The continued “push-down” of academics to PreK and Kindergarten is frustrating to any early childhood educator and damaging to early learners.  Wendy Lecker, columnist for Hearst Connecticut Media Group and senior attorney for the Campaign for Fiscal Equity project at the Education Law Center, offers a succinct summary of why current policies are developmentally inappropriate and how they actually inhibit the development of creative and critical thinking as well as long-term learning in her article: The Disturbing Transformation of Kindergarten.

The gap between developmentally appropriate practices (curriculum activities that nurture the whole child for successful lifelong learning) and current educational policies (mandates issued by a state or federal education department) is outrageous and insulting.   “In 2010, 500 child development experts warned the drafters (of the Common Core Standards) that the standards called for exactly the kind of damaging practices that inhibit learning: direct instruction, inappropriate academic content, and testing.”   Why were these warnings not heeded?  Clearly, “these so-called educational leaders have no idea how children learn.”

“Two major studies have confirmed the value of play vs. teaching reading skills to young children.  Both compared children who learned to read at 5 with those who learned at 7 and spent their early years in play-based activities. Those who read at 5 had no advantage. Those who learned to read later had better comprehension by age 11, because their early play experiences improved their language development.”

Early childhood educators know that standardized tests for children under 8 are invalid and that lots of engaging, purposeful play is what young ones really need for not only physical health and coordination but also cognitive skills – language, early literacy, concepts, problem solving, perspective, representation, memory, and creativity.  They also know that to teach reading, writing, subtraction and addition before children are ready means forcing them to memorize concepts they cannot understand or actually learn AND that this memorization will not help their achievement later on.”   Yet, teachers nationwide are expected to teach to the test.  It’s a terrible, heart-wrenching bind.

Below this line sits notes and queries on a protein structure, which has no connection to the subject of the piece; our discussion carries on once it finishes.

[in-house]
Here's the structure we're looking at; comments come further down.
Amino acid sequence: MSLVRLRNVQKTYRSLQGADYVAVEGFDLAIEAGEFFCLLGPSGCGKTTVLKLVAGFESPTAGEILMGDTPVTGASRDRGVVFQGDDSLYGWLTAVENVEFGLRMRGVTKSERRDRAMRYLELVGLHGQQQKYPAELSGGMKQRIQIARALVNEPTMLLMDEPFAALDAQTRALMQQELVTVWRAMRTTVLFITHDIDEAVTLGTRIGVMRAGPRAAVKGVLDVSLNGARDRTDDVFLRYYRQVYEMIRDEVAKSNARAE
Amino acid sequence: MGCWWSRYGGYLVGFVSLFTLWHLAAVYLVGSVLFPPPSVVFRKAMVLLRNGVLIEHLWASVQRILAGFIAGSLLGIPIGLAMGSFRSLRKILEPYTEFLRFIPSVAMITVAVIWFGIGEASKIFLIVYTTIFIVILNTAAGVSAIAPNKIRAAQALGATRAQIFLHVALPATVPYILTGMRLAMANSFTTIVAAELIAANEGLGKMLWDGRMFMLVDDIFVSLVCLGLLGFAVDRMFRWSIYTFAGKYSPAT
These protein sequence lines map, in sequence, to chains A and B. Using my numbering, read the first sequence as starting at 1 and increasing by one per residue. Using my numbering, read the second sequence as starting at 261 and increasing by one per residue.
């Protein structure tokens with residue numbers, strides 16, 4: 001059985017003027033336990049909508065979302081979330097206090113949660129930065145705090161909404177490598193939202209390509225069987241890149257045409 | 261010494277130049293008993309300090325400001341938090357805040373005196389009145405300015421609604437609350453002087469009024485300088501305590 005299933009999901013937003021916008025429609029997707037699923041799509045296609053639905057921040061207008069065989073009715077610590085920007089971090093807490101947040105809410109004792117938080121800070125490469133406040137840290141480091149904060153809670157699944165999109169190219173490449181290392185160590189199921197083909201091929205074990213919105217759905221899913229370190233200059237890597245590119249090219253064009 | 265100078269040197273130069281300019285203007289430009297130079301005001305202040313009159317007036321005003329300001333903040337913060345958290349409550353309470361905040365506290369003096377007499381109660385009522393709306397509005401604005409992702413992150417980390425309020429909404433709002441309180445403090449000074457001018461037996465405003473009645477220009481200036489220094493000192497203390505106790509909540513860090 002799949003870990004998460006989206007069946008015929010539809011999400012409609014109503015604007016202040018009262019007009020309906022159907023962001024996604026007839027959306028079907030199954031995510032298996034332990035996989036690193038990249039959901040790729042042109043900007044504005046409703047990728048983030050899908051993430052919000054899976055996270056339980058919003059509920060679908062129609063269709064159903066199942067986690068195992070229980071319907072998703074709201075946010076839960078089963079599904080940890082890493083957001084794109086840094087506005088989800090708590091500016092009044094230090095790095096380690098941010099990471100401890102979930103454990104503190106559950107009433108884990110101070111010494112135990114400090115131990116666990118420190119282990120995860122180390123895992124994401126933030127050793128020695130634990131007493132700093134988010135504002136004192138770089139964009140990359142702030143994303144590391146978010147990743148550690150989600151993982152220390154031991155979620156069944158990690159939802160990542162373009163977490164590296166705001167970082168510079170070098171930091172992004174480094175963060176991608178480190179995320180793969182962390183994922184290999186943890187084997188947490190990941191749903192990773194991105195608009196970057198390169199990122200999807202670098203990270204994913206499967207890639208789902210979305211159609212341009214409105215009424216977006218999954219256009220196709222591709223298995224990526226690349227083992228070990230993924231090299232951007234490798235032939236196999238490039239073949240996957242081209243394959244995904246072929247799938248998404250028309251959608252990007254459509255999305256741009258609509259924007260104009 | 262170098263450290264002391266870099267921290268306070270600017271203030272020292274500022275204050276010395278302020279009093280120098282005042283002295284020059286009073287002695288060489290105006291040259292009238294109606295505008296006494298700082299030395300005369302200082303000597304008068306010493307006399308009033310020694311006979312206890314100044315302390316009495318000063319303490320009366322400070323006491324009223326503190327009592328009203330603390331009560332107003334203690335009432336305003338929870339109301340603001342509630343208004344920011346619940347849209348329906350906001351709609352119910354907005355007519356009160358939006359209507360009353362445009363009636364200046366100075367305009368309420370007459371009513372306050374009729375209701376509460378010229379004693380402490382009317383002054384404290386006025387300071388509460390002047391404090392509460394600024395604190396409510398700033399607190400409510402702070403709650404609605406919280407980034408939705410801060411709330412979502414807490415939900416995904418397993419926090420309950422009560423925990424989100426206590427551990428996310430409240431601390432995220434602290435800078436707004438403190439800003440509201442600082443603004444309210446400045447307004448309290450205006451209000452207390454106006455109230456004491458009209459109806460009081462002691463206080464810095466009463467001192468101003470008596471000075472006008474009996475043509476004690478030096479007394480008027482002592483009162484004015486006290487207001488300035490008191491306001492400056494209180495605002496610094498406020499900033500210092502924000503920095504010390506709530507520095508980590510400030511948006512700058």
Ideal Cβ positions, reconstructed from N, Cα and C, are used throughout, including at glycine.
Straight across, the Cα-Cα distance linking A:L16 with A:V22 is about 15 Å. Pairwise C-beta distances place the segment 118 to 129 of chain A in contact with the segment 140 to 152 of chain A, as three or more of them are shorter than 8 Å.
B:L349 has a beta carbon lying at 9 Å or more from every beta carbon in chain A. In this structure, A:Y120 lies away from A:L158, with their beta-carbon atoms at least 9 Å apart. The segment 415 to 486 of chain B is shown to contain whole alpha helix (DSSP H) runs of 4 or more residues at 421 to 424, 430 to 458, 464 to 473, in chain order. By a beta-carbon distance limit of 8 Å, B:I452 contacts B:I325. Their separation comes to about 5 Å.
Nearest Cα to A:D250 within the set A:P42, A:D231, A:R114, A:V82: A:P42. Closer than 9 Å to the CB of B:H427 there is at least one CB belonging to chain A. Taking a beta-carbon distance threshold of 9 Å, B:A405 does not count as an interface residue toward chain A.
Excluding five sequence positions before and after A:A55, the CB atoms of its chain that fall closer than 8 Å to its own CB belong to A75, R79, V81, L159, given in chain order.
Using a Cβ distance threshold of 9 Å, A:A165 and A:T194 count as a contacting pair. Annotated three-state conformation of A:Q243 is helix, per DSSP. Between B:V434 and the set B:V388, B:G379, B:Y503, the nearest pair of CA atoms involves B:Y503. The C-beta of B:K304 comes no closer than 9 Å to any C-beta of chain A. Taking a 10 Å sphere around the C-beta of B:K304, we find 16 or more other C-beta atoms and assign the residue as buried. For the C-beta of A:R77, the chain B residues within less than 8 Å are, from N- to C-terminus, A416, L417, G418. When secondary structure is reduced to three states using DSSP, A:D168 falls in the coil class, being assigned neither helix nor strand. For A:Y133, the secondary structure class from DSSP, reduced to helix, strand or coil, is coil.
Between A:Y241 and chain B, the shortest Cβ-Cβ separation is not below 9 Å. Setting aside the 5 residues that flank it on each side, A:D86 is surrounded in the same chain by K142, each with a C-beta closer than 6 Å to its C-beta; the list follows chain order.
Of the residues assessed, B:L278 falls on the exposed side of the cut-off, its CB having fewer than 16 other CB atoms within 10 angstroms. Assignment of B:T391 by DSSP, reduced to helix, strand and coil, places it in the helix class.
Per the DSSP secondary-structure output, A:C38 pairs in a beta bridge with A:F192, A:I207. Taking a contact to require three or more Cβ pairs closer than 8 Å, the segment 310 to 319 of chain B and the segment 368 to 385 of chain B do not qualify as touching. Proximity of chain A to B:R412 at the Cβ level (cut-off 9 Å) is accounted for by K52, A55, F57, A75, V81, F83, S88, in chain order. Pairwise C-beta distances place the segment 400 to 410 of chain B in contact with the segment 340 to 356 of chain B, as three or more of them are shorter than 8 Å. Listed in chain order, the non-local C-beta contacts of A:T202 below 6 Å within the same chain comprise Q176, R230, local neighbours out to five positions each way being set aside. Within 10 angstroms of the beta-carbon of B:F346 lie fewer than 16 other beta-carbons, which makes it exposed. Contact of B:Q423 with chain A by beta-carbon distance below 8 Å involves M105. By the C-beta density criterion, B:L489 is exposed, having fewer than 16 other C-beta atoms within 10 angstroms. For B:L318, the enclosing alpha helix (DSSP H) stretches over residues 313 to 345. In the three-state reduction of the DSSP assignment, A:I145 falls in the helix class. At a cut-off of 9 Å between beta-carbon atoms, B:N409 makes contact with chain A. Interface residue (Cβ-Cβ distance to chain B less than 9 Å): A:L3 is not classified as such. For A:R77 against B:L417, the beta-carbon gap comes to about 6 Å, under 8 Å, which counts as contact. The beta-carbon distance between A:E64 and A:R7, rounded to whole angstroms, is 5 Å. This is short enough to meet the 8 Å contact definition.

At Move with Me, the intention of our  Movement & Mindfulness Curriculum is to help teachers bridge the gap between policy and practice.  We understand first-hand the agony of living this gap in daily classroom life.     On one hand, teachers are told to provide more physical activity and social-emotional learning, especially self-regulation skills, which they are not trained to teach, and on the other, they’re required to have children complete all kinds of rote academics.  Our goal is to give educators ways to both serve the child and accommodate the standard mongers.

All the lessons and activities are aligned with and address the early learning domains and common core standards.  Every cooperative game and movement story supports academics as well as the child’s well-being, creativity, and ease of learning.  Every self-care exercise and mindfulness activity is designed to help both teachers and students diminish the stress of developmentally inappropriate policies and still experience the joy that learning can be.  Just as we cannot separate our bodies from our minds, we cannot separate play from learning.  As Dr. Pearce wrote so many years ago in his book , The Magical Child: Play is nature’s biological plan for learning.

Pin It on Pinterest